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Articles From Lumsden McCormick

IRS Approves Spousal IRA Rollover Despite Existence of Trust

The IRS has privately ruled that a surviving spouse can roll over her deceased spouse's IRA — payable to a trust of which she is sole trustee and beneficiary — into her own IRA. Generally, where an IRA beneficiary is a trust, a surviving spouse is barred from treating a decedent's IRA as her own account.

However, in Private Letter Ruling 201844004, the IRS concluded that this rule didn't apply because the surviving spouse was the trustee and sole beneficiary of the trust. It said that she was entitled to all income and the trust's entire corpus.

No Immediate Tax 

There's no immediate tax if distributions from an IRA are rolled over to another IRA or other eligible retirement plan (for example, a qualified trust, governmental 457 plan, 403(a) annuity or 403(b) tax-shelter annuity). For the rollover to be tax-free, the amount distributed from the IRA generally must be recontributed to an eligible retirement plan no later than 60 days after the date that the taxpayer received the IRA withdrawal. A distribution rolled over after the 60-day period generally will be taxed and also may be subject to a 10% premature withdrawal penalty tax. Individuals are permitted to make only one nontaxable 60-day rollover between IRAs in any one-year period.

In the case of an inherited IRA, the 60-day rule doesn't apply to any amount received by an individual from such an account. Also, the inherited account isn't treated as an IRA for purposes of determining whether any other amount is a rollover contribution.

IRS regulations state that a surviving spouse of an IRA owner may elect to treat the spouse's entire interest as a beneficiary of the IRA as the spouse's own IRA. To make this election, the spouse must be the sole beneficiary of the IRA and have an unlimited right to withdraw amounts from it. If a trust is named as the beneficiary of the IRA, this requirement isn't satisfied even if the spouse is the trust's sole beneficiary. The required beginning date (RBD) — the date that the surviving spouse must begin taking required minimum distributions (RMDs) — is April 1 of the year following the year that the spouse reaches 70 1/2 years old.

Matter at Hand

The recent IRS private letter ruling involves a surviving spouse who established a revocable living trust. She's the trust's sole trustee and reserves the sole right to amend or revoke it and to distribute all income and the entire corpus for her own benefit.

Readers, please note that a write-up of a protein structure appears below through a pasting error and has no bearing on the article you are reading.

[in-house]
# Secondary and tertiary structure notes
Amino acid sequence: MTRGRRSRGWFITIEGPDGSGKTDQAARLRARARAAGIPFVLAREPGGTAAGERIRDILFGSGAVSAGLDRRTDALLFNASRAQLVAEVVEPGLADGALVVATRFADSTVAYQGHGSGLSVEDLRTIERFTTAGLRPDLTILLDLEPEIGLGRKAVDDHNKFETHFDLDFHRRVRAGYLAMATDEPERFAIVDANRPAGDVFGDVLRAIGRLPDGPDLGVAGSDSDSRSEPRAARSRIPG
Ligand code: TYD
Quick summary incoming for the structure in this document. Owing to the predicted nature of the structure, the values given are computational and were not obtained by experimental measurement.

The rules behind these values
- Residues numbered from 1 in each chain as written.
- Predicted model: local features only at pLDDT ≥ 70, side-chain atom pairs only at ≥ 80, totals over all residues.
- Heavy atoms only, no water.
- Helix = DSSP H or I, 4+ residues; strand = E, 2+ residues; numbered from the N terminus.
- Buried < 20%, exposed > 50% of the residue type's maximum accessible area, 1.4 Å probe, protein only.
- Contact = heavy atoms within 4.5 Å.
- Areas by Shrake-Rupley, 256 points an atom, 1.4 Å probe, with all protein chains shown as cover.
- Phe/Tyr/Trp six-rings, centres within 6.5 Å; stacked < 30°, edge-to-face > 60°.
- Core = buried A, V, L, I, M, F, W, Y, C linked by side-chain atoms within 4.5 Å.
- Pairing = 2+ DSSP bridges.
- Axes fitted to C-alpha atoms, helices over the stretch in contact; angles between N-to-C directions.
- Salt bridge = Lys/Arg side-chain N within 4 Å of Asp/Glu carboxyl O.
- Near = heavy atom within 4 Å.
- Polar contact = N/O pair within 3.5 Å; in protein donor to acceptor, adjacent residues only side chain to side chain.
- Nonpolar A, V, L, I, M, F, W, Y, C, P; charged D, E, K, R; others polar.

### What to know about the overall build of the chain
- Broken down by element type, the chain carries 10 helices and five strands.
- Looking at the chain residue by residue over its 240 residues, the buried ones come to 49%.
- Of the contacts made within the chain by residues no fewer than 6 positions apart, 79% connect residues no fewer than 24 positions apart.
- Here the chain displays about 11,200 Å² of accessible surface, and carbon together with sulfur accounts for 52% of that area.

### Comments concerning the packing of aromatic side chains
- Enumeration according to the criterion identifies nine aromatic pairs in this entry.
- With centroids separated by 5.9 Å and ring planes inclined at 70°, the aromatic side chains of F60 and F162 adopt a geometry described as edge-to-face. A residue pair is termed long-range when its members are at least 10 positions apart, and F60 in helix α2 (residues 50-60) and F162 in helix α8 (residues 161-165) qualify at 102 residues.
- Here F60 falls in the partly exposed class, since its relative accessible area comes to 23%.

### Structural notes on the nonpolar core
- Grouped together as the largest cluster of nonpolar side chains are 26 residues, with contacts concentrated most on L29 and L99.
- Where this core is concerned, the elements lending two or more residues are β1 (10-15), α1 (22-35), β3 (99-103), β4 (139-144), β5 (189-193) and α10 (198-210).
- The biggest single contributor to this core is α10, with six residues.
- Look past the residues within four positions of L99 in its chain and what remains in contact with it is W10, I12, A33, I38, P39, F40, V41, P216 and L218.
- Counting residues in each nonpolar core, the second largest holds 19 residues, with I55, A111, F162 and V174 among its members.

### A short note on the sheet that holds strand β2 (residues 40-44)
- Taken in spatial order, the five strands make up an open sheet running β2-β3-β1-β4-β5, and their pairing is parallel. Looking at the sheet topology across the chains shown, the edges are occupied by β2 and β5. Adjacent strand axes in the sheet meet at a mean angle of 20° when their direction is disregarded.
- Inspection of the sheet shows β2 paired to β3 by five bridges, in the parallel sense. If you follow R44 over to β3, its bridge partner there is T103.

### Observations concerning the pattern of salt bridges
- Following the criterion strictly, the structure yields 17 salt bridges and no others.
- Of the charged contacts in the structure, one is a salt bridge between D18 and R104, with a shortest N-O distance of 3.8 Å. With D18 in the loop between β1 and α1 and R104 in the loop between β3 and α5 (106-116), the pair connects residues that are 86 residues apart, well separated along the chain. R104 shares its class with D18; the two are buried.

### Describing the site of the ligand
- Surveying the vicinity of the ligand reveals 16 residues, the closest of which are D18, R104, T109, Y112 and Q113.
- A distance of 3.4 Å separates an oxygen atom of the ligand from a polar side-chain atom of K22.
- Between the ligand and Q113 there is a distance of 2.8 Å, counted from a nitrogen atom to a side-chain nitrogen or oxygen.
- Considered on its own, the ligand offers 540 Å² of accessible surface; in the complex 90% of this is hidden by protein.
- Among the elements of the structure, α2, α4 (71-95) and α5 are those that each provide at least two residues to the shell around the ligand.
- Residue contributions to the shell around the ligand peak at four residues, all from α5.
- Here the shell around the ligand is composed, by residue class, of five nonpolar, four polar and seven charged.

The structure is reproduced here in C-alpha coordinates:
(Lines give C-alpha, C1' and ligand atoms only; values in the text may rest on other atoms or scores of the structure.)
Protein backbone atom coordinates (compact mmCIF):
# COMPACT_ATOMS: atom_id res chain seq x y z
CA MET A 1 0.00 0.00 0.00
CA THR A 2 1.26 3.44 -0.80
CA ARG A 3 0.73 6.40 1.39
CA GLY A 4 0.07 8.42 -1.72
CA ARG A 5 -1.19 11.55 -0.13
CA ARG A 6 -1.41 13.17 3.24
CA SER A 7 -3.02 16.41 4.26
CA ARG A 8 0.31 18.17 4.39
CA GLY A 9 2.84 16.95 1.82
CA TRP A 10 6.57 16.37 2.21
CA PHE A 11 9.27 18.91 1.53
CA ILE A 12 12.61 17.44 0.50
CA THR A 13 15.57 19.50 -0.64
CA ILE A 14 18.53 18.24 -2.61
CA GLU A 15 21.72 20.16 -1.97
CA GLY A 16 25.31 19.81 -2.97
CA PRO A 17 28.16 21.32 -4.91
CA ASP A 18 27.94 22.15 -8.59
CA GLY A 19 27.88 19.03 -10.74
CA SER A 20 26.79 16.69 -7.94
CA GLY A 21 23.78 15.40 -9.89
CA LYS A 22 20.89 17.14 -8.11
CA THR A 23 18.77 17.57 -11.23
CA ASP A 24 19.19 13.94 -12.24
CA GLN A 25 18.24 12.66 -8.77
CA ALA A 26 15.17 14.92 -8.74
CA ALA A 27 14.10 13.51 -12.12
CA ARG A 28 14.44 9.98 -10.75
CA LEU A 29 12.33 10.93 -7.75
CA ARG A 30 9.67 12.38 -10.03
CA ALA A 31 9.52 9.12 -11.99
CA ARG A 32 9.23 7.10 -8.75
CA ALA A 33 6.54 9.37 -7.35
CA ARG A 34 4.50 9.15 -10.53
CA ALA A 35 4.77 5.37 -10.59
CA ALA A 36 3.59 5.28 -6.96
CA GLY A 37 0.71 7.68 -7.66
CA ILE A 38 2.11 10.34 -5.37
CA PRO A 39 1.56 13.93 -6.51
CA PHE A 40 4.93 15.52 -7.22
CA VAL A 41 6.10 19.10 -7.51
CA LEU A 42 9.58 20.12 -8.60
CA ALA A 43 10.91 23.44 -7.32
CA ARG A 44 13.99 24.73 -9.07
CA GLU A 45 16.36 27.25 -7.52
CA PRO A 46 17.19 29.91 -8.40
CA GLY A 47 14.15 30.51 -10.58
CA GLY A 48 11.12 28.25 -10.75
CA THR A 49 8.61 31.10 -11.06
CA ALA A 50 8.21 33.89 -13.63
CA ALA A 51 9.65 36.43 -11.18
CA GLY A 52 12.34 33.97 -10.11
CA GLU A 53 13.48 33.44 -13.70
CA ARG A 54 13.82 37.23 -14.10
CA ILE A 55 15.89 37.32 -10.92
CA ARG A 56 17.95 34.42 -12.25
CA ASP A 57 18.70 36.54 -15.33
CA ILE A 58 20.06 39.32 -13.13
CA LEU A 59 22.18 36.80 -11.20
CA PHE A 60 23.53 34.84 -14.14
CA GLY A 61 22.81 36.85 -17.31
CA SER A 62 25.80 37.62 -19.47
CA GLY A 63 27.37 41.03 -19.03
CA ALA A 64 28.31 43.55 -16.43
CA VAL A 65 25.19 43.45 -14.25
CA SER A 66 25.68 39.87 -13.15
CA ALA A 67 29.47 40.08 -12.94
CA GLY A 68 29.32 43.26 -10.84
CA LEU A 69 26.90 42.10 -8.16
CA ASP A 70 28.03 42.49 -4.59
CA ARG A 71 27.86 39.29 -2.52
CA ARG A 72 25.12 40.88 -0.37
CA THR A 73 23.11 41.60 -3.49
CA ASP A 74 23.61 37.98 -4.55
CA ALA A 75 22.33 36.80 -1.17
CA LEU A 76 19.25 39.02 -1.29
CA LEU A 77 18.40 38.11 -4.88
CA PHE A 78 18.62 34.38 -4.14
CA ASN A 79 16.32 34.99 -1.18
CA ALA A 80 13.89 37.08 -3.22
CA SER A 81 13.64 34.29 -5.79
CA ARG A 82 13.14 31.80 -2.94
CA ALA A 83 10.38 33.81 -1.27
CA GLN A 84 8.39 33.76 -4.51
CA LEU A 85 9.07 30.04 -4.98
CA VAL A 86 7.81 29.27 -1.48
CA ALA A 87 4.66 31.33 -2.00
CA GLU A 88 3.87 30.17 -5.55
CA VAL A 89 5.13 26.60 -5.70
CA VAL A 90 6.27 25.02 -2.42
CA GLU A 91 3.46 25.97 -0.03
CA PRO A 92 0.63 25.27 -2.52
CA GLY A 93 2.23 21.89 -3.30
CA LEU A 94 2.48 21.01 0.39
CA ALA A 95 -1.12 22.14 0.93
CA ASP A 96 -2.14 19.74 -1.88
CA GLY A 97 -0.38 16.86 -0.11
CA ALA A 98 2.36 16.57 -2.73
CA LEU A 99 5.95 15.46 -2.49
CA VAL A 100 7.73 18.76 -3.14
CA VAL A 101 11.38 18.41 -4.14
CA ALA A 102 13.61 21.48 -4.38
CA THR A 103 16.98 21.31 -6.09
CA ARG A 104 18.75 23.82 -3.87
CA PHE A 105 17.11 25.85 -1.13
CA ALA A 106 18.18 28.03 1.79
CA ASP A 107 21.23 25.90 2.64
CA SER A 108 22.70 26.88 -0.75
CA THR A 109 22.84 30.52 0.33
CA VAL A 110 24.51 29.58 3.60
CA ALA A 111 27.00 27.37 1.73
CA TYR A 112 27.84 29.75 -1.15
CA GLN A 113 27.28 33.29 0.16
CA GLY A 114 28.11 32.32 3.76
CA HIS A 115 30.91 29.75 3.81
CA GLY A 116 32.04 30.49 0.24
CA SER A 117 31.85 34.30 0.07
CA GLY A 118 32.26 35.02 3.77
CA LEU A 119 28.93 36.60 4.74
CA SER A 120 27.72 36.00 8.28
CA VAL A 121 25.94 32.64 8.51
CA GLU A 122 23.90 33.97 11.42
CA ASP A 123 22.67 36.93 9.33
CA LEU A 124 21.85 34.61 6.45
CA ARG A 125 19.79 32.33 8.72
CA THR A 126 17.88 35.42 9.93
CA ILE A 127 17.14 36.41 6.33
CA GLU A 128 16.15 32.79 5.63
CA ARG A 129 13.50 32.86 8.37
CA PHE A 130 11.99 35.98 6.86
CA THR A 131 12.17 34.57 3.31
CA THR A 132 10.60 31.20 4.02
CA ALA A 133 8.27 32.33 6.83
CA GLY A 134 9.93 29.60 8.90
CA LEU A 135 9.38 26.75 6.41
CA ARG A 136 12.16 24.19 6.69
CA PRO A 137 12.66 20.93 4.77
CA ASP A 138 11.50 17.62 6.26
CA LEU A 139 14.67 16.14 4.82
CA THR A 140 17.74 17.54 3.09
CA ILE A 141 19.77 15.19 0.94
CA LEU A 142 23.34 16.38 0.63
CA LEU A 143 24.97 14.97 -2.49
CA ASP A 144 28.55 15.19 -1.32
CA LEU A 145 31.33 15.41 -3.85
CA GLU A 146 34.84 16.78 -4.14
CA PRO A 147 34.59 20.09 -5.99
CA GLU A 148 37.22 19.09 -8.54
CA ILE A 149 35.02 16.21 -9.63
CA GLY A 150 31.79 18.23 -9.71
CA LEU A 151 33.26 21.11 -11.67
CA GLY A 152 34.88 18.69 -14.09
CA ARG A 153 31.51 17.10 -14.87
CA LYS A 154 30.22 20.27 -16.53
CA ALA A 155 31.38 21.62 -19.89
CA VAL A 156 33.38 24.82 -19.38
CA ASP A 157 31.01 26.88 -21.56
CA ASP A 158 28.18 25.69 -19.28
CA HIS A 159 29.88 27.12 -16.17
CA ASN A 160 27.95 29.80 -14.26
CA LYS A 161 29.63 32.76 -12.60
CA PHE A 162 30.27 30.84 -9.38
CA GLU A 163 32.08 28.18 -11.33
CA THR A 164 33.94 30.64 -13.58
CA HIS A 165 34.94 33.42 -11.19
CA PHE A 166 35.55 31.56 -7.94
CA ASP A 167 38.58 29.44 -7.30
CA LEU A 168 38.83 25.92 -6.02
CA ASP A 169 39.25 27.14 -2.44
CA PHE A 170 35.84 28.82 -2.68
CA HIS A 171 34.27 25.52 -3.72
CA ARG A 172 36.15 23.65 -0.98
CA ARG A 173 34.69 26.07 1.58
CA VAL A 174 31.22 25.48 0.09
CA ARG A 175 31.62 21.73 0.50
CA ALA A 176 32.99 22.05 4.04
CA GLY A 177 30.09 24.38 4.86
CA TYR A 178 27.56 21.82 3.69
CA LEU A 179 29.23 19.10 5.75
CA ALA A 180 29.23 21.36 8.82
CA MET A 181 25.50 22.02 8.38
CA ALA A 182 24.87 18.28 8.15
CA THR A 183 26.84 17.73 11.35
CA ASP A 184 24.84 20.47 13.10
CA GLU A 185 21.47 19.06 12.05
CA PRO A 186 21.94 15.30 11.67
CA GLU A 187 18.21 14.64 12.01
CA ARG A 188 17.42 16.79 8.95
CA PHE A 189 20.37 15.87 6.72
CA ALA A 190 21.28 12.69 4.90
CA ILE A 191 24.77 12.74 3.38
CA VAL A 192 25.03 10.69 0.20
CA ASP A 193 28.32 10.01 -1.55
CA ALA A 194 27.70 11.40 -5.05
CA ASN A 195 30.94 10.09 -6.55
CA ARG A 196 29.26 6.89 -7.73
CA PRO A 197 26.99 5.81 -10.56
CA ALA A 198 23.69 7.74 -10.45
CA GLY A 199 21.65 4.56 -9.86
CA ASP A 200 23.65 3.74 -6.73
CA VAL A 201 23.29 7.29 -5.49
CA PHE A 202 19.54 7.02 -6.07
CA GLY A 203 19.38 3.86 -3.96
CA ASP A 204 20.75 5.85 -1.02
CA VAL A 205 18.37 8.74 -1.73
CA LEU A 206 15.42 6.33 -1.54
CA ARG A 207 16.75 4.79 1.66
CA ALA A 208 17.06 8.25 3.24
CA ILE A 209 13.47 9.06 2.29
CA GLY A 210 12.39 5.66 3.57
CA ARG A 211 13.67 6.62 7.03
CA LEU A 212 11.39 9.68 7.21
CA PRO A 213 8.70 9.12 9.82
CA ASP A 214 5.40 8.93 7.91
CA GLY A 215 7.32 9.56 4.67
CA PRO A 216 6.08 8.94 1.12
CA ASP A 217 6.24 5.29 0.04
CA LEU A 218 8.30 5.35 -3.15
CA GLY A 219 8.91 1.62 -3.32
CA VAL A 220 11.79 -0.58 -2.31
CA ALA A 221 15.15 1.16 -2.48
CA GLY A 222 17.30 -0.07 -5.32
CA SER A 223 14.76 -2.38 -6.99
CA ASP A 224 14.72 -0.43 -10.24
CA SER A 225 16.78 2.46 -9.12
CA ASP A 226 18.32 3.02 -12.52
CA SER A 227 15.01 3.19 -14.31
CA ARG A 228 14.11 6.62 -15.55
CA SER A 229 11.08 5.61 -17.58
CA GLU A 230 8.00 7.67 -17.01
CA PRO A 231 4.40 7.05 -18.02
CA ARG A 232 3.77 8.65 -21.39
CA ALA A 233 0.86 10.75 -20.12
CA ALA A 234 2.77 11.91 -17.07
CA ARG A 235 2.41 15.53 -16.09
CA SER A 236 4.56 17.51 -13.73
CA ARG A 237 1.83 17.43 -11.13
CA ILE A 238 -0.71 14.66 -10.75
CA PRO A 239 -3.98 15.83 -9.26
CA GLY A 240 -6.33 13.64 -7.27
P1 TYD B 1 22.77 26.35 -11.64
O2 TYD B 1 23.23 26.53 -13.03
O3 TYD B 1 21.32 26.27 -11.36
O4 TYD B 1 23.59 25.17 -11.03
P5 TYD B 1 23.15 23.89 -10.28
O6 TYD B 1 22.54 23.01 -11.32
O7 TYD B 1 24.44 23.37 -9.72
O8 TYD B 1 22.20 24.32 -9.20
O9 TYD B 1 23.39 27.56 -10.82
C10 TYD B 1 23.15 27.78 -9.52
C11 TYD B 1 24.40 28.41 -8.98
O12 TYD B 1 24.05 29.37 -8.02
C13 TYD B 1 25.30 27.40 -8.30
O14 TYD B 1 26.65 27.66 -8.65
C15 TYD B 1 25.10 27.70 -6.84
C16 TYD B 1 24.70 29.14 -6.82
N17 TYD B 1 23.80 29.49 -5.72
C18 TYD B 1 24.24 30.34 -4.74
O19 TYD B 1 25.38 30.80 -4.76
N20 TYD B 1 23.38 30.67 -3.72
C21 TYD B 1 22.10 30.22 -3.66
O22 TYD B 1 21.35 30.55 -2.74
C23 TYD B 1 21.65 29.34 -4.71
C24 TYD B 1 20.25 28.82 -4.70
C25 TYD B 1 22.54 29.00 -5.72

The decedent was married to the surviving spouse until his death, which took place after the RBD. He maintained an IRA with a custodian and, when he died, the trust was named the primary beneficiary. The assets of the decedent's IRA were moved via a trustee-to-trustee transfer, to an IRA for the benefit of the trust. 

At this point, the surviving spouse wanted to distribute the IRA assets to herself, as the sole beneficiary of the trust. She intended to roll over the distribution into one or more IRAs in her own name.

A trustee-to-trustee transfer of this nature can be appealing for a couple of reasons. The surviving spouse can designate her own beneficiaries. She can also calculate RMDs as if she had funded the IRA she inherited. This means that she may be able to defer RMDs if she's under age 70 1/2.

Favorable Opinion

In its ruling, the IRS pointed out that because the decedent's IRA passed to the trust when he died, his surviving spouse can't treat the IRA as her own. After all, the trust, not the spouse, was named the beneficiary. However, the IRS affirmed that the spouse is the trust's trustee and sole beneficiary and is entitled to all income and the entire corpus of the trust. Therefore, she's effectively the individual for whose benefit the account is maintained.

Accordingly, the IRS concluded that if the spouse receives a distribution of the IRA's proceeds, she may roll over the distribution (other than amounts required to be distributed into IRAs established and maintained in her name).

Addressing her specific ruling requests, the IRS concluded that the taxpayer:

  1. As the surviving spouse will be treated as having acquired the IRA directly from the decedent and not from the trust.
  2. Is eligible to roll over IRA distribution to one or more IRAs established and maintained in her own name as long as the rollover occurs no later than the 60th day following the day the IRA proceeds are received.
  3. Doesn't have to include in gross income, for the year in which the distribution from the IRA is made, any portion of the proceeds distributed from the IRA that are timely rolled over to one or more IRAs set up and maintained in her name.

Rules Remain

Although the IRS ruled in the spouse's favor, she still must follow several tax code rules. Required RMDs can't be rolled over and she must observe the one-rollover-per-year limit. Inherited IRAs come with complex tax rules. If you're in a similar situation, talk to your tax advisor about how best to handle an inherited IRA.

IRS Approves Spousal IRA Rollover Despite Existence of Trust

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Bob provides tax compliance and planning strategies to businesses and individuals, concentrating on issues related to gift and estate planning, trust administration, individual taxation, and wealth preservation. 


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